Determinants of Spatial Variations in the Cost of Living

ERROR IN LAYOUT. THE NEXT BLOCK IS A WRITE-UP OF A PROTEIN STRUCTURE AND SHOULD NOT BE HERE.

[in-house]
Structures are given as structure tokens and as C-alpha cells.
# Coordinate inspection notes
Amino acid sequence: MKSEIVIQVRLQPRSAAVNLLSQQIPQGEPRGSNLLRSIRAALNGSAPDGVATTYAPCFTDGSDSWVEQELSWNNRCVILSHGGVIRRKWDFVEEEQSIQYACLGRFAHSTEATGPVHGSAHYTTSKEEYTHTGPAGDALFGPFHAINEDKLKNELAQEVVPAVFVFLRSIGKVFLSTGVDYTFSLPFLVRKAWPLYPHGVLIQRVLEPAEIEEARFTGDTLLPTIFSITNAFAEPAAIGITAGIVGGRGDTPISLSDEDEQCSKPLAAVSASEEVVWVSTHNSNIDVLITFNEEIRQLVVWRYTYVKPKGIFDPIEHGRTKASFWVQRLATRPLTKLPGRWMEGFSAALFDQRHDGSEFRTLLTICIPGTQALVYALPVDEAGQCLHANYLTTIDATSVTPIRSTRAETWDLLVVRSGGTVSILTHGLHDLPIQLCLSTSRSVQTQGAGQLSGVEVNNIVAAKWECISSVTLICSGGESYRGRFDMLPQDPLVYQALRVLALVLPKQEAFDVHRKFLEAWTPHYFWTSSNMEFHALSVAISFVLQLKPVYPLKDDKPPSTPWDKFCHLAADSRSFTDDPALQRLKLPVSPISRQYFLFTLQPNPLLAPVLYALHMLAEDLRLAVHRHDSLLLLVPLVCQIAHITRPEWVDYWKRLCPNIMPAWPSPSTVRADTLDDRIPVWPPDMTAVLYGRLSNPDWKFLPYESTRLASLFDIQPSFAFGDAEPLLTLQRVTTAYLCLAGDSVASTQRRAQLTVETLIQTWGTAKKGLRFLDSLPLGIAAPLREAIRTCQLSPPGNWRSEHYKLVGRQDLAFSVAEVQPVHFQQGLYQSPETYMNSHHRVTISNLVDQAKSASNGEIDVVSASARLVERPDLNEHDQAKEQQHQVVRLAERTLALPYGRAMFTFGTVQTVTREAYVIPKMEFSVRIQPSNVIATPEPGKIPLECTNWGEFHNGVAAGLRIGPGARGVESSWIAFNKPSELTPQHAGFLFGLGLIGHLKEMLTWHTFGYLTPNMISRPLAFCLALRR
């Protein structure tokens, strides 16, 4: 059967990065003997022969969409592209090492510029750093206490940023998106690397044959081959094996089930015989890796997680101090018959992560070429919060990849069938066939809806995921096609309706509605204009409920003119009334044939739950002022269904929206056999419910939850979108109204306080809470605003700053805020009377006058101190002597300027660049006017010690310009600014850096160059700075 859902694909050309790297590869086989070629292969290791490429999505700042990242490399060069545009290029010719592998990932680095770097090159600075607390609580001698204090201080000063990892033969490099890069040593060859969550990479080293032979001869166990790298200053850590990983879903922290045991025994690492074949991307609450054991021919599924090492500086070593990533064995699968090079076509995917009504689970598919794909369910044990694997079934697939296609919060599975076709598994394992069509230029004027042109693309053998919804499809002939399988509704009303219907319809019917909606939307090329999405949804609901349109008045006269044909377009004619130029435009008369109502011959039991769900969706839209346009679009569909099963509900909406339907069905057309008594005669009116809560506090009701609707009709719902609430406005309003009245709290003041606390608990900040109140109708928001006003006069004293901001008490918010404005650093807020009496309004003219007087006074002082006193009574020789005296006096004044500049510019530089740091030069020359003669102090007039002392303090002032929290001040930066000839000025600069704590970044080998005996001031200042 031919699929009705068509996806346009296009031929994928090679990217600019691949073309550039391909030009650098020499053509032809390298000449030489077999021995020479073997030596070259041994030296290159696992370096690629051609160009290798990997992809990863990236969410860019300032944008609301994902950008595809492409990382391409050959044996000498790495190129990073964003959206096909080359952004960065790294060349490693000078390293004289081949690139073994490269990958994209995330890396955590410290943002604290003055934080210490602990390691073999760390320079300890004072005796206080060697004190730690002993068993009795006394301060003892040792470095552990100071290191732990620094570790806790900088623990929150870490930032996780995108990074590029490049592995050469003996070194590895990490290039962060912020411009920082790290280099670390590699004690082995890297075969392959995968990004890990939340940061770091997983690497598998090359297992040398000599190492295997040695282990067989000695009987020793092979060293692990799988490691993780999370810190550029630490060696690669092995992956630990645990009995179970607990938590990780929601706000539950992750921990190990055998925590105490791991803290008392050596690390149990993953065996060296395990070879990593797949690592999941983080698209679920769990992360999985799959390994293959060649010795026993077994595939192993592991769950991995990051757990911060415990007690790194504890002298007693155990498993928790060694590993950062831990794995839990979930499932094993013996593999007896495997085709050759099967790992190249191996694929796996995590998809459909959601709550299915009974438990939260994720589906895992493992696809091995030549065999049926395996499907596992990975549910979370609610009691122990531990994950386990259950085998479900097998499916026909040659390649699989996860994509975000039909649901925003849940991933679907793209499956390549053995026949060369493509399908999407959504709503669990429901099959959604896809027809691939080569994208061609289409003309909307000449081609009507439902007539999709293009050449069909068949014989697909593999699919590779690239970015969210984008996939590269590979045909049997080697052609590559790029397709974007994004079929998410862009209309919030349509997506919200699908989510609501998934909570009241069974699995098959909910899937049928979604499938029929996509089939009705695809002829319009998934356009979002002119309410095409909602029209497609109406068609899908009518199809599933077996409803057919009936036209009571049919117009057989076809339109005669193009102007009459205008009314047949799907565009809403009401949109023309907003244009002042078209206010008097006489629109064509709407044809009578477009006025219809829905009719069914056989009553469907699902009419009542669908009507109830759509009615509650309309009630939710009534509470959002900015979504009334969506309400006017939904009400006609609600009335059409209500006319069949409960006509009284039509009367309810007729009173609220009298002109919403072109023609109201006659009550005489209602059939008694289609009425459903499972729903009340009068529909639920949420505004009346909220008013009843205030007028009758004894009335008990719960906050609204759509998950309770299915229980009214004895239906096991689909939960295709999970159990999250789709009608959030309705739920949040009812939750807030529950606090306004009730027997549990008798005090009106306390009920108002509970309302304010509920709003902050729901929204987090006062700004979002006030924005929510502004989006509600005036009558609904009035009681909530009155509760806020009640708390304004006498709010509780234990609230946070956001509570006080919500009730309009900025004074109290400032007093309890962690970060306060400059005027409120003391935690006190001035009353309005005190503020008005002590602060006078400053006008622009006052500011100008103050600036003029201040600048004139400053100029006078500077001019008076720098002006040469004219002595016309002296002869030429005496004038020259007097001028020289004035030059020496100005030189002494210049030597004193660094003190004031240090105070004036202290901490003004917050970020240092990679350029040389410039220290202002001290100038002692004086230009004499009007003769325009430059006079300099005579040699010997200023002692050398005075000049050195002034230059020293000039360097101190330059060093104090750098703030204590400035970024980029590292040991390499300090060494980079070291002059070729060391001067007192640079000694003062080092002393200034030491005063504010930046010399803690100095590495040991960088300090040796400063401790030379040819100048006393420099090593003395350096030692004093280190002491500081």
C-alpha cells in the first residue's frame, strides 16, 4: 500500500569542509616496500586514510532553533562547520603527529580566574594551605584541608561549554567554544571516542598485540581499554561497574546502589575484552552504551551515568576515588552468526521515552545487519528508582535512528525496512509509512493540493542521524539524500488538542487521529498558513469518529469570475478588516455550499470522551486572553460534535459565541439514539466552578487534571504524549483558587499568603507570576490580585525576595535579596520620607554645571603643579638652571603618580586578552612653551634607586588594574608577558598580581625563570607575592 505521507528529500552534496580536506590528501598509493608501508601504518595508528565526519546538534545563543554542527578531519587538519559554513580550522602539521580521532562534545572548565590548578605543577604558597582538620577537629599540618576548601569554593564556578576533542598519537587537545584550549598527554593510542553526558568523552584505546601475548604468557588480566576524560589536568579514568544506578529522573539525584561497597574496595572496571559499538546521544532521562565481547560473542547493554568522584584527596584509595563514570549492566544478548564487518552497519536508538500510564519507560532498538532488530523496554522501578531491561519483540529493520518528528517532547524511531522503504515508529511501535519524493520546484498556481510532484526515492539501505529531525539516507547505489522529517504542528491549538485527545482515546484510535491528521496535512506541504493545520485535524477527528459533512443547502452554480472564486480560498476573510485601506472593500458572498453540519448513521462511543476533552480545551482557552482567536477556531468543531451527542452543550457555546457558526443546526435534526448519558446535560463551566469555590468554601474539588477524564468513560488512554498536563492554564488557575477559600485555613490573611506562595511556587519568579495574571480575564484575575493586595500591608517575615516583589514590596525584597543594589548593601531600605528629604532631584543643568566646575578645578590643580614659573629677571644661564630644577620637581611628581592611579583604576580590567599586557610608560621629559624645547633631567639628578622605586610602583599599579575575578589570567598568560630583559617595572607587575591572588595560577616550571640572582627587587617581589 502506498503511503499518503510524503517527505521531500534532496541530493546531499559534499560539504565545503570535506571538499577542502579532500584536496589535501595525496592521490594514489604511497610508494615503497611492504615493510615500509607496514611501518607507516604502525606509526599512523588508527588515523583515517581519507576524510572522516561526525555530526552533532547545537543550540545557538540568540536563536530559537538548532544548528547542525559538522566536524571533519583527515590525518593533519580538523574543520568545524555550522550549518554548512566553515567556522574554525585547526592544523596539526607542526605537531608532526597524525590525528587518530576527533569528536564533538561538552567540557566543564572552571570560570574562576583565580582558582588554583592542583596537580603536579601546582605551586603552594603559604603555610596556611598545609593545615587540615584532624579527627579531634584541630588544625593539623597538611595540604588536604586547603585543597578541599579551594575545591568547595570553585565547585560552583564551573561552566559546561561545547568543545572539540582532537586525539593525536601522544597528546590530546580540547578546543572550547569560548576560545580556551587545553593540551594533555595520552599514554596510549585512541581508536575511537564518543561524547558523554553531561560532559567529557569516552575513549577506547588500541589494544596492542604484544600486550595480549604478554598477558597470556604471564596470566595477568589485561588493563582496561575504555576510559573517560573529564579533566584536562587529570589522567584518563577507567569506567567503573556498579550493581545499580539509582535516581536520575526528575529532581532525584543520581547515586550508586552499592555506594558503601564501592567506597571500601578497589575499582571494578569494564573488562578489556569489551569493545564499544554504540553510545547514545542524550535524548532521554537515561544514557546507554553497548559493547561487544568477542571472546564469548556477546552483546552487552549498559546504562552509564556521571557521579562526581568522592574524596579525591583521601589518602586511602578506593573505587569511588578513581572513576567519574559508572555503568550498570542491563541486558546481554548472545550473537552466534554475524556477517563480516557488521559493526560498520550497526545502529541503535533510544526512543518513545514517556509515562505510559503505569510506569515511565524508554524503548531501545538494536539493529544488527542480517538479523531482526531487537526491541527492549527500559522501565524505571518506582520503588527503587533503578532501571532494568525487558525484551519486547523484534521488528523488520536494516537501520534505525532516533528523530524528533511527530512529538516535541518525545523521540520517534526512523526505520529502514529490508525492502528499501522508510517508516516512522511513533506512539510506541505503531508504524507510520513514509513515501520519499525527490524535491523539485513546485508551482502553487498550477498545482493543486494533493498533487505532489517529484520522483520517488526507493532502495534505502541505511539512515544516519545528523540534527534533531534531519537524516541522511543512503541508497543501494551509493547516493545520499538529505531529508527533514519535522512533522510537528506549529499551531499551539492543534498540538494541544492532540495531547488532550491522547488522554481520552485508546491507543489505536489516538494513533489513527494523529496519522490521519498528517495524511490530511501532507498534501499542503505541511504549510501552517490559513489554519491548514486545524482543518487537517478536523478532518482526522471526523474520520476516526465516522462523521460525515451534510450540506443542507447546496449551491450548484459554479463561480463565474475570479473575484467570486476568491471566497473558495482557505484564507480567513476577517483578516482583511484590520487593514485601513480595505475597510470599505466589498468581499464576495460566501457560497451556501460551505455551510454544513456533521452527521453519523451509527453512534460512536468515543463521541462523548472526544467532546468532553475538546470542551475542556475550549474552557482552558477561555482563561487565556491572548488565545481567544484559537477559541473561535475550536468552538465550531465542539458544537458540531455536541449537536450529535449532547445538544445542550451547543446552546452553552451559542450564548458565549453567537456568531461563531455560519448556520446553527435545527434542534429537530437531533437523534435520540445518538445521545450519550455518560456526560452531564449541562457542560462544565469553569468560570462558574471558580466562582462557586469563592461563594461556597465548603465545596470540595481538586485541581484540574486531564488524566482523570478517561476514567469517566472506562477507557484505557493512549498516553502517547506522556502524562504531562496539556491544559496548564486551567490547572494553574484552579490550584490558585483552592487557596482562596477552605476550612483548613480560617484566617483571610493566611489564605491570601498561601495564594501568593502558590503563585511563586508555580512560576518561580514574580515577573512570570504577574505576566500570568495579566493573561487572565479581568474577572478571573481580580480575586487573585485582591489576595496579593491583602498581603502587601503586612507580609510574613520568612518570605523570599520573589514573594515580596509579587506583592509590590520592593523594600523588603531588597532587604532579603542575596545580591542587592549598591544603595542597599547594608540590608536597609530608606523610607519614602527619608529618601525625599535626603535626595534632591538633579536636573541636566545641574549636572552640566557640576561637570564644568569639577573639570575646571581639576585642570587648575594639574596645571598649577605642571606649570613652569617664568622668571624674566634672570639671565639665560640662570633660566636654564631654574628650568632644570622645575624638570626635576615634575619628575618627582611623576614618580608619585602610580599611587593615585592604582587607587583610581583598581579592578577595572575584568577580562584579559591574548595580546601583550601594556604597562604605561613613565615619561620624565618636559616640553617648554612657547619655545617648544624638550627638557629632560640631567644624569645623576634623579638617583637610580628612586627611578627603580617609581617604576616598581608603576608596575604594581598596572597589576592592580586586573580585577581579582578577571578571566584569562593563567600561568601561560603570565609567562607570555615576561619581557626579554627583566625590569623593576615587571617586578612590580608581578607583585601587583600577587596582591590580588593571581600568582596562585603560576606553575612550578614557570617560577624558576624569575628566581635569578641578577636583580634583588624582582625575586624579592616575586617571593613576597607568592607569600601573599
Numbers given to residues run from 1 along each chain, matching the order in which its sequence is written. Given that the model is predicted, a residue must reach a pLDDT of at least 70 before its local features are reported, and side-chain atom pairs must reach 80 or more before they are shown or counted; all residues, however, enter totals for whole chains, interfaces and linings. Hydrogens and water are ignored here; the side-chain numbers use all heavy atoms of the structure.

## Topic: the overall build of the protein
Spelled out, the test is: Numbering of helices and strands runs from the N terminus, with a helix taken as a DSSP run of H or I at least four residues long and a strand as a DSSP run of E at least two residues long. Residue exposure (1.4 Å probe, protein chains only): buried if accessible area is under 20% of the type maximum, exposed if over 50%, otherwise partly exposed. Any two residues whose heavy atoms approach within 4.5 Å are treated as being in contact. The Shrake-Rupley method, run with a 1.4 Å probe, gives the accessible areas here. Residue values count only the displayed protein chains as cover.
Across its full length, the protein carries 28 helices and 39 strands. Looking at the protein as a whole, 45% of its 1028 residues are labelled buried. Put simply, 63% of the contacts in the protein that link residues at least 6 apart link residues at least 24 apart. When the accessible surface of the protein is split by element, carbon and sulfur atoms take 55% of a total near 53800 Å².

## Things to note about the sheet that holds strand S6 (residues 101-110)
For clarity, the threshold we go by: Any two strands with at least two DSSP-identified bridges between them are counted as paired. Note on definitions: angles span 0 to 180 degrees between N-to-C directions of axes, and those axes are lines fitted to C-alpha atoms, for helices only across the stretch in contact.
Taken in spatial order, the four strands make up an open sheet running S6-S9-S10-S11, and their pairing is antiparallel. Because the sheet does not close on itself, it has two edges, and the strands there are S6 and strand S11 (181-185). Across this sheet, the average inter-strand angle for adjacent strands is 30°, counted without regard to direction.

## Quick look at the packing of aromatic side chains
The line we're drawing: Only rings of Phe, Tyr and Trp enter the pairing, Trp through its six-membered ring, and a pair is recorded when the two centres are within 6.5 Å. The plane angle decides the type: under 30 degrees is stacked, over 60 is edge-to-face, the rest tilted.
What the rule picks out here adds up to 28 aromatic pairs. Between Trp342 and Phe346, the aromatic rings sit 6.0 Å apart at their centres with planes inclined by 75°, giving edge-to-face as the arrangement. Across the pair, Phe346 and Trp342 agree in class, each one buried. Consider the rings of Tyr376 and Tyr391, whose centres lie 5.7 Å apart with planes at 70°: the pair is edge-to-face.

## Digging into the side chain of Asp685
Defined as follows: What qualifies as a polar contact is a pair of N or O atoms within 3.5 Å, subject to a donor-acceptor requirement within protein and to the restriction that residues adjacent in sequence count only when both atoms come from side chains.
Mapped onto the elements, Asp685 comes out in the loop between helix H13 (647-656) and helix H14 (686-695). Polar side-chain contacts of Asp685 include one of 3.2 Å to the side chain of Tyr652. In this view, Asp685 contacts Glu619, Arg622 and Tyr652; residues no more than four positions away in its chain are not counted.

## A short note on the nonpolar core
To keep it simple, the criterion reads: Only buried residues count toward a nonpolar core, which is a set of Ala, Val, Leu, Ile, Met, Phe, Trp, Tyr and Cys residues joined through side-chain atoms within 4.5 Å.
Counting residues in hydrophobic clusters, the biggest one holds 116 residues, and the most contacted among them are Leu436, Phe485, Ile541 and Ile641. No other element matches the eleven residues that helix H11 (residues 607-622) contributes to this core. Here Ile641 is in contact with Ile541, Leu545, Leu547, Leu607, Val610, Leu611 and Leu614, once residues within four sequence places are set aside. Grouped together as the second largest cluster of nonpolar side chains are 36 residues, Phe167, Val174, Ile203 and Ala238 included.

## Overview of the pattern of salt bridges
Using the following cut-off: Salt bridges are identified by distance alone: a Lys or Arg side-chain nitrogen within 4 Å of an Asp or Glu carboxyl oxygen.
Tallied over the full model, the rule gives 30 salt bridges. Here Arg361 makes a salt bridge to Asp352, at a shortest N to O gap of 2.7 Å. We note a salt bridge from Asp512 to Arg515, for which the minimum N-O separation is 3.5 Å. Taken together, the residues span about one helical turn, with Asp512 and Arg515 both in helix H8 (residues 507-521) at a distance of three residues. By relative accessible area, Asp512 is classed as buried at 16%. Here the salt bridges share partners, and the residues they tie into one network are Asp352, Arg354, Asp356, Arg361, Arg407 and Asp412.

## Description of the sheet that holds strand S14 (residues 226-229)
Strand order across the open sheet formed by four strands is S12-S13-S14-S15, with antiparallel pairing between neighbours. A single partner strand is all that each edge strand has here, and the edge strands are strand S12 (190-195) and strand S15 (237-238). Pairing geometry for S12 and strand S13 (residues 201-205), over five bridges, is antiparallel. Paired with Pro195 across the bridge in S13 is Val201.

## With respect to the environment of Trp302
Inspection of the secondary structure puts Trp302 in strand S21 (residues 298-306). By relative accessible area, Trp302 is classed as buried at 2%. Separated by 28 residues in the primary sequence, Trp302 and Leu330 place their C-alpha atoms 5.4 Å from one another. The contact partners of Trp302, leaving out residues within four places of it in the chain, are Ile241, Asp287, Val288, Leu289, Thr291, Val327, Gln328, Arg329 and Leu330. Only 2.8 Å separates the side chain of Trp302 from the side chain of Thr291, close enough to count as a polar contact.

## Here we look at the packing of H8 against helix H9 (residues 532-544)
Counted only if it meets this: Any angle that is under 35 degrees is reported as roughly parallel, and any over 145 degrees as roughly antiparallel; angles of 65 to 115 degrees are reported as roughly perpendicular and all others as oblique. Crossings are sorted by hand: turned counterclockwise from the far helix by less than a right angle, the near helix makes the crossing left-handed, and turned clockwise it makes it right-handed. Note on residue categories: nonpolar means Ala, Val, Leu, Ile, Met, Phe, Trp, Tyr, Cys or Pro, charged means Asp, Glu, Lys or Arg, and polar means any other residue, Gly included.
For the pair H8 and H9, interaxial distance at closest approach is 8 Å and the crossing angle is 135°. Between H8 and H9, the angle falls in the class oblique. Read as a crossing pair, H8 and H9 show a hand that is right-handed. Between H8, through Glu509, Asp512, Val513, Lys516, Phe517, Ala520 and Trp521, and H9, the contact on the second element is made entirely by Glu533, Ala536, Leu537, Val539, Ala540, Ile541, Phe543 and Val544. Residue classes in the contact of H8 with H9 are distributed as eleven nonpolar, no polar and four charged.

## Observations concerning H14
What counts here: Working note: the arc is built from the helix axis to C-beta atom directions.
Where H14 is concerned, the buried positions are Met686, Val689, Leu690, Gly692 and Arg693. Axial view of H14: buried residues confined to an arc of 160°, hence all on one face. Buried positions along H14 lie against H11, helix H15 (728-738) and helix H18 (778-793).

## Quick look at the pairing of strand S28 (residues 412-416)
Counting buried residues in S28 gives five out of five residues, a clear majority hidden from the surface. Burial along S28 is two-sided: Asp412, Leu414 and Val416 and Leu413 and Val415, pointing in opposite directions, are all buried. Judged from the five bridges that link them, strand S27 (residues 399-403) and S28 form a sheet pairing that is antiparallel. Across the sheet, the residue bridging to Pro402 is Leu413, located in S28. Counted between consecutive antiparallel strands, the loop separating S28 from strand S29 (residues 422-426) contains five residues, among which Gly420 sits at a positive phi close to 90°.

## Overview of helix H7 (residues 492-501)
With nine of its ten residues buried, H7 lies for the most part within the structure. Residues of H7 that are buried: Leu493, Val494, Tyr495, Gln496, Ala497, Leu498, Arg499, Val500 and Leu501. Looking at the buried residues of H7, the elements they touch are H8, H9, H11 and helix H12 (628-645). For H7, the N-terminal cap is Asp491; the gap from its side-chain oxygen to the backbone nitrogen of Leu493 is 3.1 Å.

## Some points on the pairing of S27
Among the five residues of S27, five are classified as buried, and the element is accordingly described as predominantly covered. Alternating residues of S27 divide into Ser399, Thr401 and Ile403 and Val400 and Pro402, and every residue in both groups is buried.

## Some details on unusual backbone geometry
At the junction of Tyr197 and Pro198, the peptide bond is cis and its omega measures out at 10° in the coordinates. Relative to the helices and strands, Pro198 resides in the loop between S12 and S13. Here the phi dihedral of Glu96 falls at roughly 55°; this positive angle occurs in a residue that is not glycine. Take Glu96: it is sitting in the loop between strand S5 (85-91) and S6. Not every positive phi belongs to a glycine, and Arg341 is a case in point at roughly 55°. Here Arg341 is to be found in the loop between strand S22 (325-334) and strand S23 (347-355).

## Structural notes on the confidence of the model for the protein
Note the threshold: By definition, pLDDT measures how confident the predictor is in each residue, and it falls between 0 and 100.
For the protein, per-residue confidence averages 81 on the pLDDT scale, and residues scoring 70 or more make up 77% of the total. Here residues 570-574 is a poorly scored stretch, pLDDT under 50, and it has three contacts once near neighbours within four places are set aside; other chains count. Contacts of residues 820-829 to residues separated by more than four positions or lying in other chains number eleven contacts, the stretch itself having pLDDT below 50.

It has long been recognized that there are large and persistent spatial differences in the cost of living. In spite of this, however, it has remained common for researchers and analysts to assume that prices vary longitudinally but not cross-sectionally, and to ignore spatial variation in the cost of living. In order to know when such an assumption is justifiable and when it is likely to do significant harm to the analysis, we must understand the determinants of spatial variations in the cost of living. This paper discusses the factors which are likely to cause such variations and reports the results of an empirical investigation of their relative strengths. The empirical analysis is based upon the Bureau of Labor Statistics' data on Urban Family Budgets. The model is estimated on a pooled time series/cross-sectional sample constructed from data on thirty-eight metropolitan areas over the period from 1969 to 1977. Much of the cross-sectional variation in the cost of living is explained by differences in climate. Metropolitan areas with cold winters have a higher cost of living than comparable areas located in warmer climates.
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